Remember you are what you eat…literally. Your body is reproducing your muscles and tissues based on the nutrients you feed it. So are you building the body you want or the body you hate?
It’s easier to write when you can think clearly and have taken care of yourself.
Joanna Penn has a great book called The Healthy Writer. In it, she gives tips and tricks on how to keep yourself fit and strong even though most writers spend hours sitting at a desk.Here’s my affiliate link if you’d like to get your own copy. Get Your Copy Here:
5. Sleep the right number of hours for you. If you’ve ever missed out on a few hours of sleep, you know how compromised your ability to think clearly can be. A lack of sleep is a major cause of brain fog. Interestingly, many people also suffer from brain fog if they sleep too long. An hour or more of sleep beyond what you require can greatly reduce your alertness. It’s not easy to reach 100% alertness if you sleep too long.Even if you think you do just fine with 5-6 hours of sleep, try sleeping longer and see if it helps.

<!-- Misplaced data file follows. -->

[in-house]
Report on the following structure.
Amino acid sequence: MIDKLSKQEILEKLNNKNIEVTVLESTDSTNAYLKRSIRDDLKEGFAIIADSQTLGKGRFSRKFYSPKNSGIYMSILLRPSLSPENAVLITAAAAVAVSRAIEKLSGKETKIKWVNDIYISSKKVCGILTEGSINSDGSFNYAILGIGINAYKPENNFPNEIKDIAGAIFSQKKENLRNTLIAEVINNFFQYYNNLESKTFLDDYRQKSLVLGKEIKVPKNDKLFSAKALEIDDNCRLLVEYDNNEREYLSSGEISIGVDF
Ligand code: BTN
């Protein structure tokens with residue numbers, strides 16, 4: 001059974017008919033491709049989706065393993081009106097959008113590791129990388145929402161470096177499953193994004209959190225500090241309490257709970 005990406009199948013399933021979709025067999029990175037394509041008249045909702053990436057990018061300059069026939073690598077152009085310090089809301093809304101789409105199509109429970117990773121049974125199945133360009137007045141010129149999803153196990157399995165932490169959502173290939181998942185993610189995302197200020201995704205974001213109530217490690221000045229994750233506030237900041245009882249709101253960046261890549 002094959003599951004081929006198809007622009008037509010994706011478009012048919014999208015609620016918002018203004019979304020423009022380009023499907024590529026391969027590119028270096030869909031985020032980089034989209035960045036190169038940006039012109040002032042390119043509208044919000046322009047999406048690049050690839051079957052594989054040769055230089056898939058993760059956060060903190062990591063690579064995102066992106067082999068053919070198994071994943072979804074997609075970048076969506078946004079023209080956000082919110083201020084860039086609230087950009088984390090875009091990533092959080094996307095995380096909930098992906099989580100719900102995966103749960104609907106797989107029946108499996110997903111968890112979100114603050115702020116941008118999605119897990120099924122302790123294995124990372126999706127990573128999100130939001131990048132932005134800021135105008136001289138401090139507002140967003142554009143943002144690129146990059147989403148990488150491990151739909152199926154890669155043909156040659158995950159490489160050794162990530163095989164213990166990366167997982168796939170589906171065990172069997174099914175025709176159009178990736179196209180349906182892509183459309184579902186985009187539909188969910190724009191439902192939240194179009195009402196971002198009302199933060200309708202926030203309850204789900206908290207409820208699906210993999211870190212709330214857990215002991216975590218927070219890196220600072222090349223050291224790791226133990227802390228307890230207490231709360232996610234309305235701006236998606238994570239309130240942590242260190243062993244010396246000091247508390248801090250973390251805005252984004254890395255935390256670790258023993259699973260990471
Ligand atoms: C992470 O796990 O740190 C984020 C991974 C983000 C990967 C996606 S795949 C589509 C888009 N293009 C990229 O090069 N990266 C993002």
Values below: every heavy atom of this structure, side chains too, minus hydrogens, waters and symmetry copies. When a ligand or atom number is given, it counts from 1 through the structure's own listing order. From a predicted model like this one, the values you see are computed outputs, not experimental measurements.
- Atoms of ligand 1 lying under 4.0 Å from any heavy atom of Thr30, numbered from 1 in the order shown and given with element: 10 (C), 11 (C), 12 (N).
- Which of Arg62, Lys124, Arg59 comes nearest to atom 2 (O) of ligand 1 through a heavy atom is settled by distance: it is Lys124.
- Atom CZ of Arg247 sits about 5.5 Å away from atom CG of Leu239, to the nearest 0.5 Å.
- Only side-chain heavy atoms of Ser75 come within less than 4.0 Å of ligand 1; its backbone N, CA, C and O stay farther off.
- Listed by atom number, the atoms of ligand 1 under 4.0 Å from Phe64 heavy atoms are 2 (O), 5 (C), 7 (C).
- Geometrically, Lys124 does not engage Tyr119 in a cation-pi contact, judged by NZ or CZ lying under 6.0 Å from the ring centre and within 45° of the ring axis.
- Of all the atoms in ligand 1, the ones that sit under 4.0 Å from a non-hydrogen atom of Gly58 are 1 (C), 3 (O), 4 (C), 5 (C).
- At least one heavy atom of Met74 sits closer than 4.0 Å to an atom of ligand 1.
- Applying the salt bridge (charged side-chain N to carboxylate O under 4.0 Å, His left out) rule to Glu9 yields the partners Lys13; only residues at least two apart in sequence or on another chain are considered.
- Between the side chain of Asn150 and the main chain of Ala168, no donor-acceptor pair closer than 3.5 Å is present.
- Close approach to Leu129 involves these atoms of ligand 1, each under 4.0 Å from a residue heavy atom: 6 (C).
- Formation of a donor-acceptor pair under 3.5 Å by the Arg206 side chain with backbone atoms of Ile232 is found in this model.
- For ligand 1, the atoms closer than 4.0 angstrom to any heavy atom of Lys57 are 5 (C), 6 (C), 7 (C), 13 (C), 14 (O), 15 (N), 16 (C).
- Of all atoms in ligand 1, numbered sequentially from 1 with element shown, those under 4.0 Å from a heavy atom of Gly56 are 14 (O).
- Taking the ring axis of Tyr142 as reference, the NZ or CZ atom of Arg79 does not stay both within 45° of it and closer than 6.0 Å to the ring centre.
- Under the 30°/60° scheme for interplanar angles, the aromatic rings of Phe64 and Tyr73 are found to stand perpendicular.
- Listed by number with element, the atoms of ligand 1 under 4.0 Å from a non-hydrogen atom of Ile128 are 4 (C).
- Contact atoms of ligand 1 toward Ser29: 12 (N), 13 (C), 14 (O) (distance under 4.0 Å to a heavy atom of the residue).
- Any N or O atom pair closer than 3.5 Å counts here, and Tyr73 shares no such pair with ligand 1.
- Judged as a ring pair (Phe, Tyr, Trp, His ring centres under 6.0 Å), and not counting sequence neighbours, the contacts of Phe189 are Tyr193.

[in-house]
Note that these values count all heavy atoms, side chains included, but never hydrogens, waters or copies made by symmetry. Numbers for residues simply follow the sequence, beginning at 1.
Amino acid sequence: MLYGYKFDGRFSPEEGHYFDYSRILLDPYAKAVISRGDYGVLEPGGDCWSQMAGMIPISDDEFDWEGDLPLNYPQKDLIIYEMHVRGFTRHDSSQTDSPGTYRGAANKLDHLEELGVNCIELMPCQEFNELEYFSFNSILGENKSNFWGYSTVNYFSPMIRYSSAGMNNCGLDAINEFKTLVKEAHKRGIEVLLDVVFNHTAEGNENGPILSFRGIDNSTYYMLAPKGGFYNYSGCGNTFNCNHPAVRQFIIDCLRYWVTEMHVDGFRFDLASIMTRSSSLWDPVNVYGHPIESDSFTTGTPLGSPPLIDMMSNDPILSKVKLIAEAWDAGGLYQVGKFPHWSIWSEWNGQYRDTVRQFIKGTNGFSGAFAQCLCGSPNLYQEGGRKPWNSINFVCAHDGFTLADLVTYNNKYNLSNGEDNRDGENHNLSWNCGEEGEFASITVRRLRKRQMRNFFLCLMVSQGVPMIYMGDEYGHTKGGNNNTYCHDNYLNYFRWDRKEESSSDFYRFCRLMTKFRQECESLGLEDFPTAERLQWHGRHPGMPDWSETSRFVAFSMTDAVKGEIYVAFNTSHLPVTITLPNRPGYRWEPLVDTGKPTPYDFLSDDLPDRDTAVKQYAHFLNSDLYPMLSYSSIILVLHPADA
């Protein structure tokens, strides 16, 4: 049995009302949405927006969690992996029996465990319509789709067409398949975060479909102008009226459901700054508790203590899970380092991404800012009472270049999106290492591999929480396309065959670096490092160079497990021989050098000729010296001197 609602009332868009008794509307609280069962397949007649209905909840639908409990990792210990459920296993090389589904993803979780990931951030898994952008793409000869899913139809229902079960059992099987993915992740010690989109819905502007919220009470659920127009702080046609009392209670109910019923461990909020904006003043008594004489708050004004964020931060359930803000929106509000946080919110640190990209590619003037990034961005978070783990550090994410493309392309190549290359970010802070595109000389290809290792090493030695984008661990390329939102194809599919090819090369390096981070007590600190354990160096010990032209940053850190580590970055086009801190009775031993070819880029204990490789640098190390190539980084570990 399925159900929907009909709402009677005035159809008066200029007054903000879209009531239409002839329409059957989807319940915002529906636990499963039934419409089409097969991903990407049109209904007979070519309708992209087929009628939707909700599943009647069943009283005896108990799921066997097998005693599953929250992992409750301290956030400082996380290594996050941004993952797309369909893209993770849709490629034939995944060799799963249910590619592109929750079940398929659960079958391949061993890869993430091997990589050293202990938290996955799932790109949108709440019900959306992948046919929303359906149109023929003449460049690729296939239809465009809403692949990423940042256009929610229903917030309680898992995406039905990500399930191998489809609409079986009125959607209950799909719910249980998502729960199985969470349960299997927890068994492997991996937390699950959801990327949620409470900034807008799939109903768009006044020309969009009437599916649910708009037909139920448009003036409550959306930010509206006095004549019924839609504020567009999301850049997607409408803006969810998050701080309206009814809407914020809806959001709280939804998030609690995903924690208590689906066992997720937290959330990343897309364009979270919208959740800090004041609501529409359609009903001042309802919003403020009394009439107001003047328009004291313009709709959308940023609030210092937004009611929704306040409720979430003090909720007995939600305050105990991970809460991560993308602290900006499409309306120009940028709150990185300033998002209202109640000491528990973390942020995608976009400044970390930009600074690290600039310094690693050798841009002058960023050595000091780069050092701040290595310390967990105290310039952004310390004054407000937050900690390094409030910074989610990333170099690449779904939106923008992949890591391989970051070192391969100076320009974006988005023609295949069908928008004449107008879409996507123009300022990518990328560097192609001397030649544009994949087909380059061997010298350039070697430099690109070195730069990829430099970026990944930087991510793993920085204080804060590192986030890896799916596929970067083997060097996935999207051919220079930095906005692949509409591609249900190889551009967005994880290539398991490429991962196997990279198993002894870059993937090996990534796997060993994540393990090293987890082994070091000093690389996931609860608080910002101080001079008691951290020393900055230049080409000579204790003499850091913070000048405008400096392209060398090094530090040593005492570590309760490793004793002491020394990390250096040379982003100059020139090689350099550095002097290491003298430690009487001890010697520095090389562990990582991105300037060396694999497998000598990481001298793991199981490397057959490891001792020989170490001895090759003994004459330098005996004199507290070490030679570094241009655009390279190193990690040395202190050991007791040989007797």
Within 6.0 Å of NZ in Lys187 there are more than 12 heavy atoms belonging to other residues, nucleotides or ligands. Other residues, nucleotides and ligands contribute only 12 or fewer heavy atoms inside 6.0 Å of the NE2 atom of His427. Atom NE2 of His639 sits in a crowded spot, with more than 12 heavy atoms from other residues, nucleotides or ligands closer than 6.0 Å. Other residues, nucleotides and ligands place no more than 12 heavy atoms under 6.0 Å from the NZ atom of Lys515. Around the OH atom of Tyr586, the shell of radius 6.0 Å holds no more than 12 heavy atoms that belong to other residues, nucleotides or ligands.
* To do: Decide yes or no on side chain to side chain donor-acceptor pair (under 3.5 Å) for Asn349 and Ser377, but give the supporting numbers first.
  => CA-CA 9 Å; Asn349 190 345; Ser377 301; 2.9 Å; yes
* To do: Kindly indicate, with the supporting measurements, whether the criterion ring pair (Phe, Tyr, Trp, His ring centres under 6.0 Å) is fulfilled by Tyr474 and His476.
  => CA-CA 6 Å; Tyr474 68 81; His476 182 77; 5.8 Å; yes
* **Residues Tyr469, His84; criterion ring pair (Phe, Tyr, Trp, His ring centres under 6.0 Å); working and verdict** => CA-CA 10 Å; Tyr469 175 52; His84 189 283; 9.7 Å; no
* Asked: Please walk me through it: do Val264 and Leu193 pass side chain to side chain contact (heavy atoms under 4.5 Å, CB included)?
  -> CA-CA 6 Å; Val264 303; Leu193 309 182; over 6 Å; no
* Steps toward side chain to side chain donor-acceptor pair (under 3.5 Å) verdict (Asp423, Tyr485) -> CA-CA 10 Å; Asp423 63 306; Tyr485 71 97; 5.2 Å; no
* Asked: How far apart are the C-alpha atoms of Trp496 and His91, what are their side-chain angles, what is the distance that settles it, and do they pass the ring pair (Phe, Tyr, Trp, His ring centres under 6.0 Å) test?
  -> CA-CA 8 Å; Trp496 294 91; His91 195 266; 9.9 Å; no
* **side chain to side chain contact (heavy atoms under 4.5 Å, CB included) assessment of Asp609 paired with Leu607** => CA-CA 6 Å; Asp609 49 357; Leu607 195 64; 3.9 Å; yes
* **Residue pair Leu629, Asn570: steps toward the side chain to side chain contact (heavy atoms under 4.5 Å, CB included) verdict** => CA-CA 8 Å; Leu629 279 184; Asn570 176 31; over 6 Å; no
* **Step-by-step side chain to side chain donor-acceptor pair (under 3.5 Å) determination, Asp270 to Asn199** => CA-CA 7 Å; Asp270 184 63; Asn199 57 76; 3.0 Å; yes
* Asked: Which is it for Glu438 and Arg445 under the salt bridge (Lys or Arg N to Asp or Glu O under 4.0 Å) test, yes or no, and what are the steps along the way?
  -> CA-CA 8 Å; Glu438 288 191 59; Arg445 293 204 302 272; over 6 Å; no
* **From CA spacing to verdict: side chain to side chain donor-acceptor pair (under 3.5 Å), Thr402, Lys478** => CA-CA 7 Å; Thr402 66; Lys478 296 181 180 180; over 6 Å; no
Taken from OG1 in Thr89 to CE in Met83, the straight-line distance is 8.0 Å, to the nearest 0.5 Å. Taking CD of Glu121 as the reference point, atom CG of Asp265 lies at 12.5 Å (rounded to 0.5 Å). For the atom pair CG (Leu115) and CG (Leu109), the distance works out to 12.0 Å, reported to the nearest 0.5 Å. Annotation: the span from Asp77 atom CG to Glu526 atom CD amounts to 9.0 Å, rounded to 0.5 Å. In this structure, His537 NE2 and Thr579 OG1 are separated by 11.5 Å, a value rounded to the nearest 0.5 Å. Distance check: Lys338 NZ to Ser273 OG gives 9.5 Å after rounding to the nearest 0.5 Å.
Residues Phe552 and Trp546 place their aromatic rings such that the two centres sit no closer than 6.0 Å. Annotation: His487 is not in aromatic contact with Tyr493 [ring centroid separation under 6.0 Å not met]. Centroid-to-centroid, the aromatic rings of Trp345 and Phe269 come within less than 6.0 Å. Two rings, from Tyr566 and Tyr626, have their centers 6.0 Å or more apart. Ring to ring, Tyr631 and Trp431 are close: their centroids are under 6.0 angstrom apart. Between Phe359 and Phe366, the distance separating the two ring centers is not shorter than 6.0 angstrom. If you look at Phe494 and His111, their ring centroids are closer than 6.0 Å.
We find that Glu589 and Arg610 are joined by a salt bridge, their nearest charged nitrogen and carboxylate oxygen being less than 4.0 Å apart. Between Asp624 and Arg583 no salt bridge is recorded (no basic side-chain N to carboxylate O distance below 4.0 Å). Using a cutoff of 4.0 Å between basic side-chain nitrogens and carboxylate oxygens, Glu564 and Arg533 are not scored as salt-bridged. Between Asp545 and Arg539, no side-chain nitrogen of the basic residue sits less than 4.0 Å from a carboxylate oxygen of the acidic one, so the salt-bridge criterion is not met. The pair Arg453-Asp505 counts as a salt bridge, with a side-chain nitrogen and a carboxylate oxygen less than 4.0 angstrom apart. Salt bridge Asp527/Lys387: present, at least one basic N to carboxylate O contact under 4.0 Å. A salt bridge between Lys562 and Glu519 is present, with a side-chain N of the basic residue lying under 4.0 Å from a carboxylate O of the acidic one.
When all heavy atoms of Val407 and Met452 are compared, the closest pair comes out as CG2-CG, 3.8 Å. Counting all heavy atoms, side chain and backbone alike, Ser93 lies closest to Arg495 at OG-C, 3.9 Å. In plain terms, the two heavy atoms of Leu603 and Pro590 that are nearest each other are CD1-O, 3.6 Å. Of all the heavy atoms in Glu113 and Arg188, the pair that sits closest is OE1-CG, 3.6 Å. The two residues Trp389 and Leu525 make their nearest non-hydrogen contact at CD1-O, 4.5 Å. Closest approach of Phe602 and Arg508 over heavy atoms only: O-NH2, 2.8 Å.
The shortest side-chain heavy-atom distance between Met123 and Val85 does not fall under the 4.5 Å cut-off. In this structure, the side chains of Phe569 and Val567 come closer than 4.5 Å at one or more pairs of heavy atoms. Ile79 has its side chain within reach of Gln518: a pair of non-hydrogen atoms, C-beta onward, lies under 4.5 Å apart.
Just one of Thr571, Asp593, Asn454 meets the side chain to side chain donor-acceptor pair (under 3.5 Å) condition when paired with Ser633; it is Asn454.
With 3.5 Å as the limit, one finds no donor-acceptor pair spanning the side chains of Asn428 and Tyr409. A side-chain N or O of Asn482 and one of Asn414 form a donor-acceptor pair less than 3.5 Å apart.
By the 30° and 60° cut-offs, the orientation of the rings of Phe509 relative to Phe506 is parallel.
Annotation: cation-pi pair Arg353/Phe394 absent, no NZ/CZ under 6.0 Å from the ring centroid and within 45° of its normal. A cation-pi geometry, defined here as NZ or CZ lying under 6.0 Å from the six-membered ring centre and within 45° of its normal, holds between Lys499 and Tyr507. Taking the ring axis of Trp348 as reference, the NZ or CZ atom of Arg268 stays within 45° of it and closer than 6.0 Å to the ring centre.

6. Avoid stimulants and depressants. Too much caffeine can leave your brain racing. The same goes for other stimulants as well. Stimulants can also interfere with your sleep.Obviously, depressants can leave you feeling groggy and cloud your thinking. It’s best to avoid both if you want to minimize brain fog.
7. Drink some water.One of the early signs of dehydration is brain fog. If you just can’t seem to concentrate or think clearly, have a glass of water and see if that helps. A tall glass of water every few hours isn’t a bad idea.
If you find your brain fog is actually masking Writer’s Block check out my articles and videos on tips to overcome this common problem. Writer’s block doesn’t have to stop your progress if you have a plan in place to combat it. Happy Writing!
Don’t forget to sign up for your FREE Author Coaching Newsletter using the link below: